US 5059475 A
An integrated optoelectrical circuit is described. An apparatus and method are disclosed whereby planar optical waveguides are formed on Al.sub.2 O.sub.3, other ceramics, silicon, silica, and other glass substrates that are thin film wired. An interface coating of silicon or silicon dioxide is applied to a surface of the thin film wired substrates using a low temperature deposition process such as sputtering or chemical vapor deposition. Glass cladding and core layers are deposited onto the thin film coating using a flame hydrolysis deposition technique. With this invention, channel waveguides and integrated optical circuits can be formed on a common substrate with electronic IC chips.
1. An optical-electrical device, comprising: a substrate selected from the group consisting of ceramics, glass, and silicon materials including electrically operative integrated circuits connected by metalized thin film connectors on a first planar surface thereof;
a thin film coating selected from the group consisting of silicon and silicon dioxide (SiO.sub.2) materials applied onto said planar surface including the electrically operative integrated circuits;
an optically conductive waveguide formed from a glass cladding layer applied onto said thin film coating and a glass core layer applied to said cladding layer;
whereby the electrically operative integrated circuits are operationally interconnected to the optically conductive waveguides.
2. The device of claim 1, wherein said thin film coating applied to said first planar surface is between 1 and 5 microns thick.
3. The device of claim 1, further comprising a thin film coating applied to a second planar surface of said substrate opposite said first planar surface.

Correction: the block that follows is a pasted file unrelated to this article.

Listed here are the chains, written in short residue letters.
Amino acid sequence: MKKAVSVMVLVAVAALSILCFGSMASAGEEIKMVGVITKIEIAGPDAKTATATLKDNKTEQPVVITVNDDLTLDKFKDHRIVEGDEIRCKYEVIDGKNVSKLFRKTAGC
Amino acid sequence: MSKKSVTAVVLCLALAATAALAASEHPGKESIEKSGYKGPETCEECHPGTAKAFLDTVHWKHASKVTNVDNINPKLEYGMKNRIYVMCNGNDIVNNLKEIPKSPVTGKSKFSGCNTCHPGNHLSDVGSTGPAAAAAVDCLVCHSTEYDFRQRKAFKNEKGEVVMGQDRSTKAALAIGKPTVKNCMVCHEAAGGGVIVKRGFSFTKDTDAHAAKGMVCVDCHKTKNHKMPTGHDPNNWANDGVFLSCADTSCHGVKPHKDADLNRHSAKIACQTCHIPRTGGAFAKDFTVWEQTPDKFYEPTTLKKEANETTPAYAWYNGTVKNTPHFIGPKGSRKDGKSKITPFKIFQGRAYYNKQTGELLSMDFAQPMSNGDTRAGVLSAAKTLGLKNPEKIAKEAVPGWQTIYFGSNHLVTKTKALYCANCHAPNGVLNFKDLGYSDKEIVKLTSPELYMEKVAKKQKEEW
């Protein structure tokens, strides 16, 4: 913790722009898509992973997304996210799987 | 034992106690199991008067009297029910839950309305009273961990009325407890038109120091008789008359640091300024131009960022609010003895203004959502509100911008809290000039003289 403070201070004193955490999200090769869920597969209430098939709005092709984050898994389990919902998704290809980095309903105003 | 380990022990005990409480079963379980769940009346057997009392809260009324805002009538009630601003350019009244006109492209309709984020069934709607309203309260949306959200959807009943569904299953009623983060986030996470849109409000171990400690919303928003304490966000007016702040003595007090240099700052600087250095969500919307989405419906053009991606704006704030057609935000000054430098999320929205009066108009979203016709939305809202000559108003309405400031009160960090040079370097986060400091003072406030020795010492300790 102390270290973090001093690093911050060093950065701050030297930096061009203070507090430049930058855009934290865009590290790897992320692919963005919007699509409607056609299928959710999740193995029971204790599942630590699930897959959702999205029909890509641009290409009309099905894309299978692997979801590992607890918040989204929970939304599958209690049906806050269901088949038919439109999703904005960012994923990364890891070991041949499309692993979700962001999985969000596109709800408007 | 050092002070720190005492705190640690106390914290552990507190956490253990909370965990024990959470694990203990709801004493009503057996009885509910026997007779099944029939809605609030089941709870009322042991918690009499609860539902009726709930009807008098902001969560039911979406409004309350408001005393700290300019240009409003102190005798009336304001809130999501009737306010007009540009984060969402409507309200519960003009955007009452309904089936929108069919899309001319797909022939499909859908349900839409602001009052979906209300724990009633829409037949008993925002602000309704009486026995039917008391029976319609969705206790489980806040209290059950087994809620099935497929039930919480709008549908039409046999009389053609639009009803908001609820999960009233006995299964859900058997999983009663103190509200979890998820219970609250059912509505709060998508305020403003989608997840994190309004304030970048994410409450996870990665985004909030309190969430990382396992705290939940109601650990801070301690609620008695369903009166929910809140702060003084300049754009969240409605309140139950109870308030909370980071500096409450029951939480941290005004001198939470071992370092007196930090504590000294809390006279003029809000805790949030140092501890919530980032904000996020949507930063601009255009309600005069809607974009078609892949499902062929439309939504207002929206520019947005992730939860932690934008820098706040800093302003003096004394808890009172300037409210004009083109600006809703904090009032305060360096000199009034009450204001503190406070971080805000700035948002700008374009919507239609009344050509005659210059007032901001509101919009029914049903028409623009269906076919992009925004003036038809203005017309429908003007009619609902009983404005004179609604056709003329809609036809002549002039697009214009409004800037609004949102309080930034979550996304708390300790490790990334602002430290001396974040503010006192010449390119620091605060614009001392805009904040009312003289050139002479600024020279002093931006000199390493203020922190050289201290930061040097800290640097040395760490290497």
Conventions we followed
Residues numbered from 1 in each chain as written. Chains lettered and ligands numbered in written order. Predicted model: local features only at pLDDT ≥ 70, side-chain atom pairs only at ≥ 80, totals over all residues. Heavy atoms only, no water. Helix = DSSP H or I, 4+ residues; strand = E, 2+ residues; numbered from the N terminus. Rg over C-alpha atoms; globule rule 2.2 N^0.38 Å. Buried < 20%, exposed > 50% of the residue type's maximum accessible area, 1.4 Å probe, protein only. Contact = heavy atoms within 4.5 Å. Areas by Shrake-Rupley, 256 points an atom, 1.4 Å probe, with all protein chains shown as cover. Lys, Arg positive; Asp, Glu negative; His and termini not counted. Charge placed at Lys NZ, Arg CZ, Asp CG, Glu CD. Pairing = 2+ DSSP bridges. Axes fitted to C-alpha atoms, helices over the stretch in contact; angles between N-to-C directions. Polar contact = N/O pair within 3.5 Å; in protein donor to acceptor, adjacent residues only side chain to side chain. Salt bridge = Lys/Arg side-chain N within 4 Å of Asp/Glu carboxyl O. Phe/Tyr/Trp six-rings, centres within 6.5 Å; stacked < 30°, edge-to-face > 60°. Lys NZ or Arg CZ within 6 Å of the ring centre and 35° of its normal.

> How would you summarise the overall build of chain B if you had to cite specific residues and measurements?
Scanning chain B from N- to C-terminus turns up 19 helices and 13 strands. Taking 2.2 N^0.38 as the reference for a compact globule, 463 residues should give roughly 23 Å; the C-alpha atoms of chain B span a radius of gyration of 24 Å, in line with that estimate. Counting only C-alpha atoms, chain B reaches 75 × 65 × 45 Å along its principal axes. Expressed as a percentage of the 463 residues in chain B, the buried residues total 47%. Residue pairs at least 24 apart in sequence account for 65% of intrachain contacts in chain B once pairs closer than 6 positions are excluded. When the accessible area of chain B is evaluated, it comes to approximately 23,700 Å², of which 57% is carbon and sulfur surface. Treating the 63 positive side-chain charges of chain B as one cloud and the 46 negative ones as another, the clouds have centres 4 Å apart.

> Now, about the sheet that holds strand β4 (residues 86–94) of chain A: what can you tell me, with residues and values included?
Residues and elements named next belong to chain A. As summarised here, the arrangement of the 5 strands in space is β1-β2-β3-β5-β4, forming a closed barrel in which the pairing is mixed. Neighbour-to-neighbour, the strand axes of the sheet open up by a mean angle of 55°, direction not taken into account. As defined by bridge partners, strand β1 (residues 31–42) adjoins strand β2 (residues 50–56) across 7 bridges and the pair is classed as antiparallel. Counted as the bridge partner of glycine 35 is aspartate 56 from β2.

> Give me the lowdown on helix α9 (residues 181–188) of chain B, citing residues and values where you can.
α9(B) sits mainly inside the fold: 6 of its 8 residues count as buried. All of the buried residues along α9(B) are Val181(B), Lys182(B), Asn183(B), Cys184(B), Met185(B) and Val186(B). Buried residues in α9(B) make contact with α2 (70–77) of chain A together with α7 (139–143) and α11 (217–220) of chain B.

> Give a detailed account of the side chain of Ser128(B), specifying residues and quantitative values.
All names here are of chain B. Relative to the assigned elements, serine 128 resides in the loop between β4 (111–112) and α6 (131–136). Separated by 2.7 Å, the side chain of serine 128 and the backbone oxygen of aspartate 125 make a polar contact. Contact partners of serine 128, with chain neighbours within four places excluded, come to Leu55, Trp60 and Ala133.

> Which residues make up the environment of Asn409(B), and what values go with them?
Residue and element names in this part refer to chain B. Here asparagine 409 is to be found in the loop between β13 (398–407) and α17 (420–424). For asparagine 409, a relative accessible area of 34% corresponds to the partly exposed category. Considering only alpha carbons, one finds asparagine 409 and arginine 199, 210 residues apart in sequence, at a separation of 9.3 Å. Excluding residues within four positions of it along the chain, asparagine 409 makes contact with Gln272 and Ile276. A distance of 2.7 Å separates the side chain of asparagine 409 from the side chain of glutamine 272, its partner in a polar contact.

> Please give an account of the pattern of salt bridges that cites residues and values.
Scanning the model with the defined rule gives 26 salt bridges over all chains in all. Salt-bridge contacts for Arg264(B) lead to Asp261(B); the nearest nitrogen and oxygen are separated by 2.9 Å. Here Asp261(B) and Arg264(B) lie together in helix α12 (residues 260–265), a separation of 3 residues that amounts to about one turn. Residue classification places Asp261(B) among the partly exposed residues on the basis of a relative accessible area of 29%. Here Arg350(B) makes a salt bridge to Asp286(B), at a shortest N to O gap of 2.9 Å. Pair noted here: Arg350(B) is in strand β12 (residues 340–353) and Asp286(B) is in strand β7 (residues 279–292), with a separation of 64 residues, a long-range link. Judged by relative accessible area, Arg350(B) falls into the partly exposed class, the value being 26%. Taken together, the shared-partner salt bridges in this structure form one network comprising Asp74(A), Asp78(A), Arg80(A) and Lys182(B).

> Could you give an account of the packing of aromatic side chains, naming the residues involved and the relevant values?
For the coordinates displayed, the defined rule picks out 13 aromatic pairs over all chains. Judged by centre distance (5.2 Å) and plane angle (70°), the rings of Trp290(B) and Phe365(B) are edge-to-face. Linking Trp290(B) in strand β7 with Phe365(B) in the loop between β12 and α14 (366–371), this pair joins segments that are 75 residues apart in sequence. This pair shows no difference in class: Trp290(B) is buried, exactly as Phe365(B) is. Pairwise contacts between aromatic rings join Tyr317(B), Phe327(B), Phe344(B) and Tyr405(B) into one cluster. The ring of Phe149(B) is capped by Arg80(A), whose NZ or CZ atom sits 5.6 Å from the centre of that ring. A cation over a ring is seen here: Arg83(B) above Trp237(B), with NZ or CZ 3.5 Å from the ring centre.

4. The device of claim 1, wherein said ceramic material substrate is Al.sub.2 O.sub.3.
5. the device of claim, wherein said glass substrate is silica glass.
6. A method for forming an optical waveguide on a metalized substrate said method comprising the steps of:
providing a substrate selected from a member of the group consisting of ceramics, glass, and silicon, having a film of metalized wires therein;
applying a thin film coating layer selected from a member of the group consisting of silicon and silicon dioxide, to said substrate using a low temperature deposition process, said coating layer applied over said wires;
applying a glass cladding layer onto said coating layer; and
applying a glass core layer to said cladding layer.
7. The method of claim 6, wherein said ceramic substrate is Al.sub.2 O.sub.3.
8. The method of claim 6, wherein said glass substrate is silica glass.
9. A device integrating an electronic integrated circuit with an integrated optical circuit, comprising:
a substrate selected from a member of the group consisting of ceramics, glass, and silicon materials, including said electronic circuit operatively interconnected by metallized thin film wires on a first surface thereof;